I was watching Nerdwriter1‘s video titled, “The Epidemic of Passable Movies“, when I realized that his thoughts on Hollywood movies were–not too surprisingly–relevant to anime’s ‘passable’ and derivative shows. But the problem isn’t so much that something is a reiteration of what we’ve seen before, but rather what we see isn’t realistic.
Evan says, “Stories are always about people. And great stories are always the ones that observe people truthfully, the ones that capture human experience with nuance and insight. And the best stories make such acute observations about humanity that they can show us things about ourselves that we didn’t know. Or teach us how to articulate those things against a vast unintelligible anxiety.”
I wholehearted agree. And I think this is a realization that all of us have come to understand about fiction at some point, especially in its defence. Evan continues, however, to talk about the dangers of cliche. If you would, replace the word ‘movies’ with ‘anime’, and it becomes a completely relevant dialogue that mirrors what I would hear in the anime community:
“And this I think is the big difference between great movies and passable ones: when passable movies observe human experience, they observe it not through the lens of real life, but through the lens of other movies. There is this huge vocabulary of actions built up over the years that people don’t really do but which happens so often in movies that they’re familiar enough to an audience that they become passable for human motivations. I’m not saying it’s bad for filmmakers to cite or pay homage to the movies that they love in their own work, I’m saying that too many films released today are being cobbled together from a weird alternate reality that is only a dim echo of our own. This is the long term danger of cliche. The more we allow it to happen the harder it is to escape. The more difficult it is for audiences and writers to tell the difference. The last thing we want is to see our own lives through the lens of art that’s only passable. New perspectives are what we need. Originality is what we should encourage at every chance. Otherwise, I’m afraid our movies and ourselves will change into something quite different.”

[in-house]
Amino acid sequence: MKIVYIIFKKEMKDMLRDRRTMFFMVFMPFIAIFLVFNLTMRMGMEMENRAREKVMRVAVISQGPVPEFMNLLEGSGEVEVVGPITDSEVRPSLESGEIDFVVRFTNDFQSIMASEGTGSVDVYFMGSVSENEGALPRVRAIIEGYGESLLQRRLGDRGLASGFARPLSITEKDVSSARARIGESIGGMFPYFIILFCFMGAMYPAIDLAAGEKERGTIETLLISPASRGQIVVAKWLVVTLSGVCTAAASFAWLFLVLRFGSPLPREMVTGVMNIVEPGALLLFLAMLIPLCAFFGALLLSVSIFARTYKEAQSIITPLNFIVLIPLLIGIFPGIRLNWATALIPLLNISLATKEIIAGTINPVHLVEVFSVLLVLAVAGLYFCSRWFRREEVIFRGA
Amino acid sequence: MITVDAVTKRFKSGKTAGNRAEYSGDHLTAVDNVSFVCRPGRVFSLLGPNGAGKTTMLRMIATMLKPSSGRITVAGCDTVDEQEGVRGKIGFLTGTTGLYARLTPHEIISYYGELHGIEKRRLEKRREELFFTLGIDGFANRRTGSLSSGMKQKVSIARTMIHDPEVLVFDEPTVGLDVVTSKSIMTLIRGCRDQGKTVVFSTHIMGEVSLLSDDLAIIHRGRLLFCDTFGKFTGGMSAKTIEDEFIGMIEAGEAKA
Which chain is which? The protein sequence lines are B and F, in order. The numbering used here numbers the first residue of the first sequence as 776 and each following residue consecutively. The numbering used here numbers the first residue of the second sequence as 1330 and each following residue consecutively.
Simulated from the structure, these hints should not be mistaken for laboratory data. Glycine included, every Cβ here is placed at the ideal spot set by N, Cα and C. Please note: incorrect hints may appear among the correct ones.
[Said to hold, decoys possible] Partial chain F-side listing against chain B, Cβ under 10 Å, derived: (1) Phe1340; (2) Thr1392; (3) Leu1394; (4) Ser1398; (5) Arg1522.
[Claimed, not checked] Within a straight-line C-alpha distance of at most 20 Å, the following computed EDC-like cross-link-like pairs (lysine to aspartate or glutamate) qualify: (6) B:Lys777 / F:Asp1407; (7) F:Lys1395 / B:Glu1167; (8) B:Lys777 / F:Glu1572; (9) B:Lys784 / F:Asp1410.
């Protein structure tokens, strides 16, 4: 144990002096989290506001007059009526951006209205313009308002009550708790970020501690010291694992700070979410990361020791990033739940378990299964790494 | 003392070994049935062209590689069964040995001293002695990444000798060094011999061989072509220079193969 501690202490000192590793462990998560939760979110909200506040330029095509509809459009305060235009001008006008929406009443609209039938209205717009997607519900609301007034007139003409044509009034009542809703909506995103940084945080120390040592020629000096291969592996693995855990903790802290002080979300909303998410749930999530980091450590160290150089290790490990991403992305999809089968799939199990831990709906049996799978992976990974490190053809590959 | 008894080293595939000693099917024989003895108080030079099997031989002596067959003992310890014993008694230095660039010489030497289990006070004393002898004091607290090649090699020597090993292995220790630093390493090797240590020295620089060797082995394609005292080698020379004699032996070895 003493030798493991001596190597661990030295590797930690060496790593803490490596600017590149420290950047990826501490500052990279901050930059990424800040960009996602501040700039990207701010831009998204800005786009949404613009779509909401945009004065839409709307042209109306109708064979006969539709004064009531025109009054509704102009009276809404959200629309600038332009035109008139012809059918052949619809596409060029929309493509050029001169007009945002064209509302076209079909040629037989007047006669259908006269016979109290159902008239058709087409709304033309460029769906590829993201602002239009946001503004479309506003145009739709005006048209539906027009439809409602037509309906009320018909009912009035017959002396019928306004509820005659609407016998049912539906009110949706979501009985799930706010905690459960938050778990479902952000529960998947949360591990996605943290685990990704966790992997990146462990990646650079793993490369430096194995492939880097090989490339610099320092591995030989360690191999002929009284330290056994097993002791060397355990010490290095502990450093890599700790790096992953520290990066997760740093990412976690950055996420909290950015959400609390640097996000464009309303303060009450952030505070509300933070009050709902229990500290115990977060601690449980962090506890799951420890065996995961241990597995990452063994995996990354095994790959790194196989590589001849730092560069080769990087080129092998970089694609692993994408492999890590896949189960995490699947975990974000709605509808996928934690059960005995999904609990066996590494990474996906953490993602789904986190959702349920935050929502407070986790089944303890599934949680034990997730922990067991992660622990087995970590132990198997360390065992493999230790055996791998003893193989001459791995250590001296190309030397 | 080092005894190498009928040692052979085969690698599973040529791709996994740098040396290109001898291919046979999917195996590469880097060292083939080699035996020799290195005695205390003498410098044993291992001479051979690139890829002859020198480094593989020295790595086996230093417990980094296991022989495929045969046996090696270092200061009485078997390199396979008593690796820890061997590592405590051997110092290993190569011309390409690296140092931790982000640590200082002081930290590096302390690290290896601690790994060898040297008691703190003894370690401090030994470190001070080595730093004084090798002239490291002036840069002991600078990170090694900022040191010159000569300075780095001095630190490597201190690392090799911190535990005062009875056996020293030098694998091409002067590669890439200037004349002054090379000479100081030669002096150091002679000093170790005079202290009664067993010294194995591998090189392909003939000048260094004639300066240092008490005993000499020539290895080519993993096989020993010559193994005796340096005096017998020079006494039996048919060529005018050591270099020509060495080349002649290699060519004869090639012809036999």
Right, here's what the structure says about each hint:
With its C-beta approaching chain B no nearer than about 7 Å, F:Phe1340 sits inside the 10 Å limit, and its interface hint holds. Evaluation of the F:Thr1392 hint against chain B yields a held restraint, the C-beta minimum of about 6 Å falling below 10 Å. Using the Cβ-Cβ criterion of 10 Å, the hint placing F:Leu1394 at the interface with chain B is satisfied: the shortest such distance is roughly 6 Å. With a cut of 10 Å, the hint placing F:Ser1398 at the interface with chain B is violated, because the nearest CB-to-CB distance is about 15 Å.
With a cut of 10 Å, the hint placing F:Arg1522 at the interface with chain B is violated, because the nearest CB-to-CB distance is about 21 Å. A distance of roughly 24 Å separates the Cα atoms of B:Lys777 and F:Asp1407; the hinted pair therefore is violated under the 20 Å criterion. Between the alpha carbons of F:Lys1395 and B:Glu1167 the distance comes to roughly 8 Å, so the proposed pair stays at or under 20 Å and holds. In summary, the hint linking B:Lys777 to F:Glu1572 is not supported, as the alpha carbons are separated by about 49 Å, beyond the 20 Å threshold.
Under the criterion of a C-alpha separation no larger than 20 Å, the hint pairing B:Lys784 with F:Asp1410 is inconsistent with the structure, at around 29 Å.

Hideaki Anno puts it more bluntly and says, “If you want to get into anime, my best advice to you as a creator is to please have diverse interests in things besides animation. Look outward, first of all. Most anime makers are basically autistic. …”
I really like anime. I love the meta humour, occasional trashiness, and all the emotionally sensitive characters that I find myself resonating with. As a Western anime fan, however, the dissimilarities between anime and reality can be confounded by intriguing cultural differences. And under that veil, I often did not understand that many actions were created for male gratification and lust.
I seem to be watching less and less anime these days, but I wouldn’t say that I’m transitioning out of anime. While I used to watch a lot of Hollywood films and now I seldom do, it’s because I found myself drawn to other mediums–anime–that tell the same kind of stories. Because in the core are stories and stories are about people.
I found solace in watching anime because you just didn’t see introverted characters represented in popular Western media. The hurt, broken, immature, repressed, and bashful tsundere characters trying to live in the (high school) world was a large part of my anime experience and reality. While I still very much resonate with being a tsundere, it’s not quite the reality of love that I’m transitioning into.
I am going through The Chronicles of Narnia right now with my fiancee. Not only is it more approachable for her, it still has everything I want: nostalgia, adventure, magic, action, and relationships. C.S. Lewis says:
“Literature adds to reality, it does not simply describe it. It enriches the necessary competencies that daily life requires and provides; and in this respect, it irrigates the deserts that our lives have already become.”
And perhaps the most meta aspect of it all is that our very own lives are stories, and that we appear in other people’s stories through the relationships that are created. Being a Christian is discovering God’s story of loving us by dying for us, letting God be the author of our stories, and then entering into other people’s lives with the love of God. “Jesus love you” is a cliche. It doesn’t mean it’s not true.